Some Lessons in Joy
Message from the headmaster
Last week walking back through the snow from our student holiday concert, the first formal concert we’ve had at St. Johnsbury Academy in close to two years, I was humming with joy. It was one of those quiet, sparkling evenings when it feels quite magical to be where we are. Even when we’re tired. Which we are.
School this year has involved being something close to tireless, no matter what realm of school life you inhabit. But, of course, none of us is tireless. The winter solstice, when we are allowed to stand still for a moment before moving into the new year, is particularly welcome this year.
But the lesson of the concert is about things to come. Our students sang a capella and in Broadway style; they played horns and strings and even played pieces of music they wrote themselves. They put their hearts and souls into all of it, and it struck me more than usual that it’s very brave to do that. The delight we feel in contact and presence and spontaneity is easy to forget about when it’s not there, but live music and performance reminds us of it powerfully—it is a mutual adventure, and it involves courage. When we got to the jazz band and that universal language between instruments, trading fours, I felt like the luckiest person on earth to be able to be in the audience for these brilliant students who have waited so long for music to return.
The adventure that we want education to be has been harder for all students during the pandemic, and hardest for those whose attachment to teachers and peers has been most tenuous. So much of teachers’ work has been just helping students to understand what it means to have the best relationship to one another and to the school community—and even to understand what that community is and why they should respect it. In these times we are thinking constantly about how best to restore these ties and make sure students feel they belong, and are known and valued, so they can be fully present.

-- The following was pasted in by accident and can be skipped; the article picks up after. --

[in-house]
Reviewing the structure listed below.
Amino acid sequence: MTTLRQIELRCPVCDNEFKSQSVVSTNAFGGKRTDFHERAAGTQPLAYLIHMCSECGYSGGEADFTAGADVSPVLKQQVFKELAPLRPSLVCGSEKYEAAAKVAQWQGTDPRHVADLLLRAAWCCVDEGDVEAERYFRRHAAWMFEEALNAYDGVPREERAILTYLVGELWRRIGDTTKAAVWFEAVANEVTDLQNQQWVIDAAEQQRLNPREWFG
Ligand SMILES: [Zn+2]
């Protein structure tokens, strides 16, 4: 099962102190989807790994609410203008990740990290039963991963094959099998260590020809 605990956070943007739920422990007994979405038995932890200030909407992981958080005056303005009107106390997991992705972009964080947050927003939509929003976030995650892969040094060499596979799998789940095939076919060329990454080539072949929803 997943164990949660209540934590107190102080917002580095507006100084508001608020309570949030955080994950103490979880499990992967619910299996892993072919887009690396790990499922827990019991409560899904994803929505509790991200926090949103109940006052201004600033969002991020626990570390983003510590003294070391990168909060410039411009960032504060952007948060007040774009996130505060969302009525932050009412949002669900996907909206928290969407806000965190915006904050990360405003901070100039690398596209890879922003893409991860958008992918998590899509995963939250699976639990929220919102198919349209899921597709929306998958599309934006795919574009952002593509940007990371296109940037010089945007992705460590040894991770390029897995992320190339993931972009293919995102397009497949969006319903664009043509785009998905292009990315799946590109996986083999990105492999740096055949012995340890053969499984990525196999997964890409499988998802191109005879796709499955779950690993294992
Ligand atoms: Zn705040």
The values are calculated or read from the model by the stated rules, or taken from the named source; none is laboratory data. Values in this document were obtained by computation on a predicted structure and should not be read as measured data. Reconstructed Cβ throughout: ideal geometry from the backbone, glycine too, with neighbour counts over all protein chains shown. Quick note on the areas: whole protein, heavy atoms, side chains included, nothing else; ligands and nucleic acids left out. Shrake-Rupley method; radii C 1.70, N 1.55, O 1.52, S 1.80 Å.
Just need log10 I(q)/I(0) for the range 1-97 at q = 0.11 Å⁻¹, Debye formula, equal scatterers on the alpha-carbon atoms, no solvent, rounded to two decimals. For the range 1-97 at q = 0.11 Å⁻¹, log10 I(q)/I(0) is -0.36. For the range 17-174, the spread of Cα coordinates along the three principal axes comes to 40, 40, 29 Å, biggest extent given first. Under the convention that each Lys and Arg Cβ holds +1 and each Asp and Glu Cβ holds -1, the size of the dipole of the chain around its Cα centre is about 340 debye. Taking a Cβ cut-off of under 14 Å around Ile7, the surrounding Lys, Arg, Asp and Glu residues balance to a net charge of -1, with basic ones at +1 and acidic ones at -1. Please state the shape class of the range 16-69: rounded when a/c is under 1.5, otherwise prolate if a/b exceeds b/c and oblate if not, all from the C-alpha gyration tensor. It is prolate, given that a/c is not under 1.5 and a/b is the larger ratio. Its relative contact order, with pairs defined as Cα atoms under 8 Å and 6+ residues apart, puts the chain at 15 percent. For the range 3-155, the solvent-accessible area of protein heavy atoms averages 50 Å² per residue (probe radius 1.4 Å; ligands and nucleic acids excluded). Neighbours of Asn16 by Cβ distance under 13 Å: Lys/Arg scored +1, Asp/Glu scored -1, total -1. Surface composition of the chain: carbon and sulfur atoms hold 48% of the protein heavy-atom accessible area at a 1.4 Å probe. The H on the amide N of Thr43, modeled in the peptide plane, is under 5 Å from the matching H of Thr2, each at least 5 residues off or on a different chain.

Coming together around those moments when students show courage is one way we can keep building a community—which is always a work in progress, never complete. Our community is the sum of our common experiences and relationships—and it thrives when those things we share inform what we do ourselves. The only way that can happen is when we can be not just on the stage but in the audience—sharing those experiences of listening, watching, and appreciating. Many of our athletes have had access to these shared moments, mostly outdoors, thank goodness. But our academic stars and performing artists have missed their stages and their audiences.
On the final day of the semester, last Friday, we had an actual, though small, audience in Fuller Hall for morning chapel. This audience—and the folks watching by live stream—were treated to another performance that left us humming with joy; students singing ABBA songs and dancing with careful abandon, being fully present and brave together. Like all live things, happening in real time, it was a mutual adventure, full of delight. Watching and listening to these young people, lighting up this dark time, it was hard not to feel there are brighter days ahead for us all.
Dr. Sharon L. Howell